R.I. Legislator Proposes Requiring Salary Info for Contracts with Disabilities Agencies

 

May 2, 2012; Source: GoLocalProv

In Rhode Island, State Rep. Patricia A. Serpa wants to pass a state law so that agencies serving people with developmental disabilities will be required to disclose all forms of compensation for top executives before contracts with the state are made. Around 40 agencies serving 3,600 people with $215 million in contracts would be affected. Sherpa says she is concerned about the clients and front line workers getting short-changed by outsized executive salaries.

Nonprofits serving developmentally disabled people have been under serious scrutiny in multiple states over the past year, with the focus being not only on executive salaries but also on alleged misuse of funds and the building up of what some see as excessive reserves.

Rhode Island recently cut the budget for agencies serving developmentally disabled people by $24 million and last Wednesday, hundreds rallied at the state house to demand a reversal of the cut. Serpa, who has acknowledged that the information is generally available on Guidestar, has at least implied that the two issues of pay and cuts are linked by saying, “It’s unlikely that we are going to be able to restore that $24 million in its entirety this year. But we’ve sacrificed so much in this grueling economy. I’m only asking that nonprofits and agencies take a second look at how they are allocating their resources.” –Ruth McCambridge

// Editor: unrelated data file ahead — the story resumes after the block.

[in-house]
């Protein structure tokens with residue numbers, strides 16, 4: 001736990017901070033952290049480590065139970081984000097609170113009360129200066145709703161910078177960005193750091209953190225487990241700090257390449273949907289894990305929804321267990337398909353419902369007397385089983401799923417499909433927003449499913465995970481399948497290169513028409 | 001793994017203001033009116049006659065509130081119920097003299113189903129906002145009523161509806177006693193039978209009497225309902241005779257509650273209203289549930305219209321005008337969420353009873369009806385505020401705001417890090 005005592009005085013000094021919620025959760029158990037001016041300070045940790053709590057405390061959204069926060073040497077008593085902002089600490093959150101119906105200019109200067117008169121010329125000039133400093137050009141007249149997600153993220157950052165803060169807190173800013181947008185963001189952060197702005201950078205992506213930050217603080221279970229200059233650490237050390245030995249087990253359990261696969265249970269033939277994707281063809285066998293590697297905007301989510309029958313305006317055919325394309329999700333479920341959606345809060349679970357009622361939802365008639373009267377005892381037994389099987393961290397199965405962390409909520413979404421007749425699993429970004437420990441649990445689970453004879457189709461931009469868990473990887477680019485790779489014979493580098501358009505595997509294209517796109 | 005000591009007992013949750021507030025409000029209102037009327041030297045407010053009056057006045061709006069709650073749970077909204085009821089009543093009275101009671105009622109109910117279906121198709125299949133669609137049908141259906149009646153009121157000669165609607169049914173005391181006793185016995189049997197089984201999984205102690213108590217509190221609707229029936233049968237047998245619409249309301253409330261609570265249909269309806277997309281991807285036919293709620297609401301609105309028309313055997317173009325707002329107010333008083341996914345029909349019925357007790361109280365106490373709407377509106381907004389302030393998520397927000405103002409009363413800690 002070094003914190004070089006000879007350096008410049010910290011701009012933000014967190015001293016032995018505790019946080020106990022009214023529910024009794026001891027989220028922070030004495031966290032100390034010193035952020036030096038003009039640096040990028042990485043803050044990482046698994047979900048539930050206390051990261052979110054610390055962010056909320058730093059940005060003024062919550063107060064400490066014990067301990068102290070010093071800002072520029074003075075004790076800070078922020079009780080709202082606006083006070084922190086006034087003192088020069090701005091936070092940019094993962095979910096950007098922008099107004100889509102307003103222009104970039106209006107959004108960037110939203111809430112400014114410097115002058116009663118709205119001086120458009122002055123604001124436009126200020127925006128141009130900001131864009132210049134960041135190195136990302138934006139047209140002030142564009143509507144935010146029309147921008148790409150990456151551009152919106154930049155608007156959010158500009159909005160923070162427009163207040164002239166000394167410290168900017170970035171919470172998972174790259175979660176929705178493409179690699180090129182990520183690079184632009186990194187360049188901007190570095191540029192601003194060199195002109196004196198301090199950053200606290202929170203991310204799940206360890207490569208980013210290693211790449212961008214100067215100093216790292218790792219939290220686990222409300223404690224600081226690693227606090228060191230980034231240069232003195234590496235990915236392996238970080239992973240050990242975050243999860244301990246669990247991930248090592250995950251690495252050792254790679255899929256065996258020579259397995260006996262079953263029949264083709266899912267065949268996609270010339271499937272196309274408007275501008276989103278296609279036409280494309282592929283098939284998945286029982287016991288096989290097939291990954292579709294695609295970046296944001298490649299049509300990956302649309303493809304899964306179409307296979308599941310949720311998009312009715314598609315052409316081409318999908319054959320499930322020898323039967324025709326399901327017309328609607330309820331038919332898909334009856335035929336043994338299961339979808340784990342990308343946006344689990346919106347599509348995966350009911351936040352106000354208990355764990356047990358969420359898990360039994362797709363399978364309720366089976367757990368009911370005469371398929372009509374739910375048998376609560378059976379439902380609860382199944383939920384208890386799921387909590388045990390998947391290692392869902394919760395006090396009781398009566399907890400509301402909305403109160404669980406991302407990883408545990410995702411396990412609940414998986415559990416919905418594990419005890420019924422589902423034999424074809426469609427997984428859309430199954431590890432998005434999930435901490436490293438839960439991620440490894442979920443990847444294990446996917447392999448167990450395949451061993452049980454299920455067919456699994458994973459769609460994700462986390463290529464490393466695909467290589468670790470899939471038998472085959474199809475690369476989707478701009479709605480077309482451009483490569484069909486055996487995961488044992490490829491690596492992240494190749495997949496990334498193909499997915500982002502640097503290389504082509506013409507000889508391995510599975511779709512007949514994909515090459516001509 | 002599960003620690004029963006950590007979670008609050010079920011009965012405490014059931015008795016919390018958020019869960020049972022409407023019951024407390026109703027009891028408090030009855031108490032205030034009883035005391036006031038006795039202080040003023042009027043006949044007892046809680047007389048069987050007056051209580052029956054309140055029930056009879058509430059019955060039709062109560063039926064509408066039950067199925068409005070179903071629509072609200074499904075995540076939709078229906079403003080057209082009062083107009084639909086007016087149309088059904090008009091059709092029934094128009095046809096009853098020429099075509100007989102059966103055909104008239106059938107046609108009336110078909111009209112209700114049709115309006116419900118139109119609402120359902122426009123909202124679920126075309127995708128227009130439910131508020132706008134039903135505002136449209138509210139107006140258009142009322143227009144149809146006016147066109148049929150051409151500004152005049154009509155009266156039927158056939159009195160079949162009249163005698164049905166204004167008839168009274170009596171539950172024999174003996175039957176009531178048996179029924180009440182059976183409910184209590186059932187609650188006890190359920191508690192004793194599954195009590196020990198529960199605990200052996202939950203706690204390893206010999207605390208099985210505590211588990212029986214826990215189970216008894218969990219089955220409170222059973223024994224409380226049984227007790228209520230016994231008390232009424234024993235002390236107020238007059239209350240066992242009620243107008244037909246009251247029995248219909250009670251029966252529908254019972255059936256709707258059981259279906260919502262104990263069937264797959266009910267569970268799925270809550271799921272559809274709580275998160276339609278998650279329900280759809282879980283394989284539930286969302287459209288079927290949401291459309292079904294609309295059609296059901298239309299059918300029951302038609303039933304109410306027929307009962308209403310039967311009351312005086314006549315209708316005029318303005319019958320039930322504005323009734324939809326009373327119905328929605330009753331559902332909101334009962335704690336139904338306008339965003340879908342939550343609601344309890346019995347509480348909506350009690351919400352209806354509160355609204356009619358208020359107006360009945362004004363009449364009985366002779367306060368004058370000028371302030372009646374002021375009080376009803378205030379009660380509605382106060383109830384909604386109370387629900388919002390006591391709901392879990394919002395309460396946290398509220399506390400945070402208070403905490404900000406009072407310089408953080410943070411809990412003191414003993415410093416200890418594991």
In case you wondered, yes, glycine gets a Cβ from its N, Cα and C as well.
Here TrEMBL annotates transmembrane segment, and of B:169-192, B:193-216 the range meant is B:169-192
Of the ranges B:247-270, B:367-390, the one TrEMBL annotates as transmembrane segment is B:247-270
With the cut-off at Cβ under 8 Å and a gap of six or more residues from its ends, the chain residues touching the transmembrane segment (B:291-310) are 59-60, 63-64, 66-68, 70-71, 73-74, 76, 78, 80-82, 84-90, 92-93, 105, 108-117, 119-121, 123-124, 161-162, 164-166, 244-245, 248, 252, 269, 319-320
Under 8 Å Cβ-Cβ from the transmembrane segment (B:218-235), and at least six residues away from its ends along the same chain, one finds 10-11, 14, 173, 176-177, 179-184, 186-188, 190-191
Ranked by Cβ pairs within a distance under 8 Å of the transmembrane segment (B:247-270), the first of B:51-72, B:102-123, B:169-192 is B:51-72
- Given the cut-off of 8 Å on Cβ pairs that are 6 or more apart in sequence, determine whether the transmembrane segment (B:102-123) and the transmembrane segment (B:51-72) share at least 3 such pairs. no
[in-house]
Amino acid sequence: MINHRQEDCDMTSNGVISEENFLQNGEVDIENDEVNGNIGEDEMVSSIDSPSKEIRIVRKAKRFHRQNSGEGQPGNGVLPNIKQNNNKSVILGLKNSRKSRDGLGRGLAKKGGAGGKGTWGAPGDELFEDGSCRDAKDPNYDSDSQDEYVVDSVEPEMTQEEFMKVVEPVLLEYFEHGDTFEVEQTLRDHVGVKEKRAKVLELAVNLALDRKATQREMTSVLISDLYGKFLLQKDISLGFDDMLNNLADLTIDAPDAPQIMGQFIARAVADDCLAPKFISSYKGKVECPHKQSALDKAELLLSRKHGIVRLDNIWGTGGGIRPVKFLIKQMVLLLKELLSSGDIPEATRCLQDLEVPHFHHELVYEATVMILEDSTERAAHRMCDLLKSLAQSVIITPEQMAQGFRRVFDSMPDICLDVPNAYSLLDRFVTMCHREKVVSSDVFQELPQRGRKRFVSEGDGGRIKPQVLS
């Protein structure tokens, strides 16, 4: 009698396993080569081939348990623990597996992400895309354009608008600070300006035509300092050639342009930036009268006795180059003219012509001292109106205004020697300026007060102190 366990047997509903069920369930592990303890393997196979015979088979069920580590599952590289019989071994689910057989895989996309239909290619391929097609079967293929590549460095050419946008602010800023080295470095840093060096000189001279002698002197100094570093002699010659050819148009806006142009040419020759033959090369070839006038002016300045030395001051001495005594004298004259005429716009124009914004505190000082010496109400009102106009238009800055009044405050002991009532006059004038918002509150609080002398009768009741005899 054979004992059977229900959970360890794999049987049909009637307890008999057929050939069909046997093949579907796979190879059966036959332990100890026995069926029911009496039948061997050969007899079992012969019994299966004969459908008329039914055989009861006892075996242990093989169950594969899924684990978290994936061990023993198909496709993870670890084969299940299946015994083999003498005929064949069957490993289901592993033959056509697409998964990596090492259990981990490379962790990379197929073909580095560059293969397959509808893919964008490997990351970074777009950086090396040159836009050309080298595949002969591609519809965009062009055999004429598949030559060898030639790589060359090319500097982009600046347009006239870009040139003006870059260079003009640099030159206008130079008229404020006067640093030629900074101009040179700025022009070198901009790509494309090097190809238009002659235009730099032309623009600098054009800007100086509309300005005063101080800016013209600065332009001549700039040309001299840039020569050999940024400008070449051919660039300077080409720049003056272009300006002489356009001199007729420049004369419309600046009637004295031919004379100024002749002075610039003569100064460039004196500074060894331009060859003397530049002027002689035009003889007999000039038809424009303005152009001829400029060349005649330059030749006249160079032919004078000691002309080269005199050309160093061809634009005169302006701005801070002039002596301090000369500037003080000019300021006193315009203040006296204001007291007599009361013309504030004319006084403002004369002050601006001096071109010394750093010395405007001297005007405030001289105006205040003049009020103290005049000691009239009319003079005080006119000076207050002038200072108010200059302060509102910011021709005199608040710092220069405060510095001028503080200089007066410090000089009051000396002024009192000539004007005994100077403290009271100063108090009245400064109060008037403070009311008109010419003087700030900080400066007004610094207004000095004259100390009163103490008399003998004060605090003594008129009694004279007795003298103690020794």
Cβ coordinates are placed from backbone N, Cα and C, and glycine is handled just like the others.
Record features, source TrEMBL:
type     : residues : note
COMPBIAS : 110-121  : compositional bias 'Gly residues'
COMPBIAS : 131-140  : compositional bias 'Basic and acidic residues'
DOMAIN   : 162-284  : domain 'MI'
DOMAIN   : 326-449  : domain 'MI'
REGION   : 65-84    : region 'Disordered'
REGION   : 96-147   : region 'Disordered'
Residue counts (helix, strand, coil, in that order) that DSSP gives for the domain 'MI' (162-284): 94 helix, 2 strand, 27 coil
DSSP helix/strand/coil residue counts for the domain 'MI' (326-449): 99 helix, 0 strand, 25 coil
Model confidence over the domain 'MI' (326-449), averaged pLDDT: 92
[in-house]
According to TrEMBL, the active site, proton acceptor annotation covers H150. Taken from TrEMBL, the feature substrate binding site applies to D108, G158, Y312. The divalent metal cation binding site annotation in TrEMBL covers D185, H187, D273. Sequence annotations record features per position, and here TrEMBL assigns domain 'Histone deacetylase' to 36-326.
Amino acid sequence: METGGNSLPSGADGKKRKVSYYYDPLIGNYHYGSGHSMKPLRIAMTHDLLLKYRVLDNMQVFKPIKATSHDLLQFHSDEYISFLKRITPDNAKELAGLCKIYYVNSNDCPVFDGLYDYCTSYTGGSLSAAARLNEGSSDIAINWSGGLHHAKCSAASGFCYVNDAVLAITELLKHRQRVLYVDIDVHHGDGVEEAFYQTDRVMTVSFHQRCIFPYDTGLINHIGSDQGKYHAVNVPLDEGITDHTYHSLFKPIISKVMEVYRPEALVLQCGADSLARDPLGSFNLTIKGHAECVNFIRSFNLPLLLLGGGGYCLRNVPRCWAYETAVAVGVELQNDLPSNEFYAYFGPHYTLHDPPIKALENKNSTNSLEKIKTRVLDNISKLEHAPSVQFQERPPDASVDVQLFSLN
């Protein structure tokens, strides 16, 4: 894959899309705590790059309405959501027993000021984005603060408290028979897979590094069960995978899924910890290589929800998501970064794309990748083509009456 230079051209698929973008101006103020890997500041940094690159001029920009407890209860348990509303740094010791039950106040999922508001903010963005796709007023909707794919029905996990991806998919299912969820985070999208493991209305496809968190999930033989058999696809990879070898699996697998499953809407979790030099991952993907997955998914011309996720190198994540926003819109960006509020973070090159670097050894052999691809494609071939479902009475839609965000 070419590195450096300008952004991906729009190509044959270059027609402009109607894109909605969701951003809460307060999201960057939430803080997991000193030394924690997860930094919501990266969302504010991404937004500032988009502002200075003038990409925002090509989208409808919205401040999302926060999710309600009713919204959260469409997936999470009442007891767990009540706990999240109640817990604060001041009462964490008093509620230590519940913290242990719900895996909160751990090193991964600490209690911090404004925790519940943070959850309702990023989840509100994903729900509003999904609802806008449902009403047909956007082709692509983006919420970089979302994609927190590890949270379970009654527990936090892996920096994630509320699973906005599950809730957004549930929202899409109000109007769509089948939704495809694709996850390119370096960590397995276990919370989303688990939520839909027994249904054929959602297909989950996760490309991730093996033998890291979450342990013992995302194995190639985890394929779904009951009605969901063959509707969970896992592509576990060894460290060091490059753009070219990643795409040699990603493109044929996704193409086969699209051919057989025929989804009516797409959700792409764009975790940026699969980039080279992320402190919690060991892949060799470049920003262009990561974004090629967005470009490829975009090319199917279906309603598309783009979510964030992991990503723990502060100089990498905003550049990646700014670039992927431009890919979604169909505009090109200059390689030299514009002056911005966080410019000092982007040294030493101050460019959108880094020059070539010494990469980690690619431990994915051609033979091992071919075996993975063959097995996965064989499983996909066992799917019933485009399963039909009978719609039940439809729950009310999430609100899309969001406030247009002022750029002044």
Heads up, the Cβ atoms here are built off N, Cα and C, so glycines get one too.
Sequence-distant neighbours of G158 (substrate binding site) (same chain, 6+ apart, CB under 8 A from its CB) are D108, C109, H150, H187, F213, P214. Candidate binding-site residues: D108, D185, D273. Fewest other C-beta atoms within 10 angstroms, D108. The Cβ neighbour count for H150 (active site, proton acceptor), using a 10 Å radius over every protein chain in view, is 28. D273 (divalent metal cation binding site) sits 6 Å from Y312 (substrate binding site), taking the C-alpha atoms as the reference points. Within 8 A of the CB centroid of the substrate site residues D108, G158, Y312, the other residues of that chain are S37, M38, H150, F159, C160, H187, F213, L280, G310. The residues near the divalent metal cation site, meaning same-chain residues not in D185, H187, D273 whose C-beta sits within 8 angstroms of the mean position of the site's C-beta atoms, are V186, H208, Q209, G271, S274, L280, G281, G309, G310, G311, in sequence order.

About

Ruth McCambridge

Ruth is Editor in Chief of the Nonprofit Quarterly. Her background includes forty-five years of experience in nonprofits, primarily in organizations that mix grassroots community work with policy change. Beginning in the mid-1980s, Ruth spent a decade at the Boston Foundation, developing and implementing capacity building programs and advocating for grantmaking attention to constituent involvement.

  • Kay Thayer

    “Nonprofits serving developmentally disabled people have been under serious scrutiny in multiple states over the past year, with the focus being not only on executive salaries but also on alleged misuse of funds and the building up of what some see as excessive reserves.”

    So if building up reserves is considered excessive, how are Not-for-profits supposed to prepare for last minute budget cuts when state and federal budges are not being voted on at the last minute or worse, after the fiscal year has started? With the cuts that organizations are seeing, they need to be prepared for a doomsday scenario.